Trump demands apology after ′Hamilton′ cast asks Pence to ′work for all of us′ | News | DW | 20.11.2016
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Trump demands apology after 'Hamilton' cast asks Pence to 'work for all of us'

Protesters have called for a boycott of the Broadway hit "Hamilton" after the cast read an appeal to Mike Pence. The President-elect has demanded an apology, after the cast implored Pence to "uphold our American values."

President-elect Donald Trump demanded an apology from the cast of the Broadway musical "Hamilton" after they read a statement to Vice-President-elect Mike Pence at the end of a show on Friday.

When Vice-President-elect Mike Pence walked in to a Friday performance of the hit musical "Hamilton," he was greeted by a mixture of applause and boos from the rest of the audience.

At curtain call, actor Brandon Victor Dixon read a statement directed at Pence, calling for him to work for Americans who feel "anxious" about the new administration. He also asked the audience not to boo.

"We, sir, are the diverse America who are alarmed and anxious that your new administration will not protect us, our planet, our children, our parents, or defend us and uphold our inalienable rights," said Dixon, who plays Aaron Burr, the nation's third vice president.

"We truly hope this show has inspired you to uphold our American values and work on behalf of all of us. All of us."

Pence was leaving as the cast started reading the statement, but he stood in the hallway outside the auditorium and heard the cast's full remarks, the "New York Times" reported a show spokesman as saying.

'Rude' or 'freedom of speech'?

Trump took to Twitter to voice his displeasure with the "Hamilton" cast's statement on Saturday, saying that Pence was "harassed last night at the theater by the cast of Hamilton" adding that "the Theater must always be a safe and special place." He also demanded an apology.

Dixon responded on Twitter, saying that "conversation is not harassment," adding that he appreciated Pence stopping to listen to the statement.

The show's creator and also the co-writer of the statement which was read on Friday, Lin-Manuel Miranda, said he was "proud" of Dixon and the cast, adding that "all are welcome at the theater."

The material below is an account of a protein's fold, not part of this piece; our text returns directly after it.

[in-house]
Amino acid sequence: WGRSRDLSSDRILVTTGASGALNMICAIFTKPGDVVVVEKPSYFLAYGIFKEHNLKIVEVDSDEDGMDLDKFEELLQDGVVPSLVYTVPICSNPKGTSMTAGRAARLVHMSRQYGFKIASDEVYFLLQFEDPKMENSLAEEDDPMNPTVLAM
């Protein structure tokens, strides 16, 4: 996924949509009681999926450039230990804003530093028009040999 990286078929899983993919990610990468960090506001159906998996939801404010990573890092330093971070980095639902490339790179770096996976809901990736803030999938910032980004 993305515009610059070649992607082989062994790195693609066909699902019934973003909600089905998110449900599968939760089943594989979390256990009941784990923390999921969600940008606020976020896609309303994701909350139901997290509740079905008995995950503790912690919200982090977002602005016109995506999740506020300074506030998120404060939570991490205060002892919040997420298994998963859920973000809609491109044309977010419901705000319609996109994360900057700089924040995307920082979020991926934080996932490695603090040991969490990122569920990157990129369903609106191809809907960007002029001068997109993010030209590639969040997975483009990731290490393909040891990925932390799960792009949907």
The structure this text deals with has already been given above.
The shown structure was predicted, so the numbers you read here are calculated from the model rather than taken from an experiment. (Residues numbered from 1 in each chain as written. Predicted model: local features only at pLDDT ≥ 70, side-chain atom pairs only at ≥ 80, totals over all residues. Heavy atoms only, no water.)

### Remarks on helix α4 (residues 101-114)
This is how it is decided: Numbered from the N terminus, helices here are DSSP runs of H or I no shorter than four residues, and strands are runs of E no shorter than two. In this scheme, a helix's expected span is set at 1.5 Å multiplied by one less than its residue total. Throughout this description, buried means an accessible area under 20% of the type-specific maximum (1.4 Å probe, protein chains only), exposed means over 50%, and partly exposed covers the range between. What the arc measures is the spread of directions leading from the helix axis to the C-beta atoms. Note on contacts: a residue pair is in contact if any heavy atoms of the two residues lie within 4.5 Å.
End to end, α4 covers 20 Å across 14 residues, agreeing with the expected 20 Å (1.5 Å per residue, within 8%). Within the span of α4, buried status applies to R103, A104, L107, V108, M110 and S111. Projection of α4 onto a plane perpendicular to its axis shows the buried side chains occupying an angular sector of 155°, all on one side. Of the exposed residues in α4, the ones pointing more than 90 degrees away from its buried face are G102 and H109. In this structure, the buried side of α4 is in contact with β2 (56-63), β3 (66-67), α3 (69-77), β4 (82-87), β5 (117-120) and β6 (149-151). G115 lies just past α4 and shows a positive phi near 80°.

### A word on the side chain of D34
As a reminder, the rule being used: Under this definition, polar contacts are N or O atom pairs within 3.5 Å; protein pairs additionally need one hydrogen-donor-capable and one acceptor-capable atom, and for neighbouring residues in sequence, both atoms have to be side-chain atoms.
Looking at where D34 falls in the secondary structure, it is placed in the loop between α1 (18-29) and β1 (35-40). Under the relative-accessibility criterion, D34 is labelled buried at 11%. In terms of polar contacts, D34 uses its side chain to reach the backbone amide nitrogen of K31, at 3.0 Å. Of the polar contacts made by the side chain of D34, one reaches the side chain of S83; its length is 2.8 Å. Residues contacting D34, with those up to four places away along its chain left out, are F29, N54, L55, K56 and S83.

Rights groups Amnesty International and the American Civil Liberties Union praised the "Hamilton" cast for exercising their right to freedom of speech.

"The apology should instead come from President-elect Trump for calling into question the appropriateness of the Hamilton cast's statements," ACLU executive director Anthony Romero said in a statement.

Reactions on social media were split concerning the "Hamilton" statement, with many taking umbrage with the audience who booed Pence, saying it was disrespectful.

Republican Newt Gingrich, who supported Trump, criticized "the arrogance and hostility" of the cast's actions on Twitter.

A small group of pro-Trump protesters showed up outside of the theater Saturday to voice their displeasure the cast. Others on social media have been calling for a boycott of the sold-out show about the life of the first US Treasury Secretary Alexander Hamilton.

Others believed the "Hamilton" statement was delivered respectfully. Some joked that a boycott on "Hamilton" will be likely ineffectual as tickets for the Broadway show are sold out through September 2017.

Concerns about gay rights

The wildly popular hit musical, which won 11 Tony Awards in June, follows young colonial rebels who became America's founding fathers, celebrating diversity and immigrants' contribution to the nation.

The actor playing Hamilton that Pence saw was Javier Munoz, who is openly gay, HIV positive and a cancer survivor. As governor of Indiana, Pence supported several efforts to ban gay marriage and opposed unfettered federal funding for HIV and AIDS treatment - despite an outbreak of the virus in his state.

Pence also pushed through legislation this year which would have required women who had abortions to either bury or cremate fetal tissue. The law was ultimately struck down by a federal judge.

Many racial, religious and sexual minorities in the US have voiced concerns over their rights under Trump's new administration.

rs/kl  (AP, AFP, Reuters)

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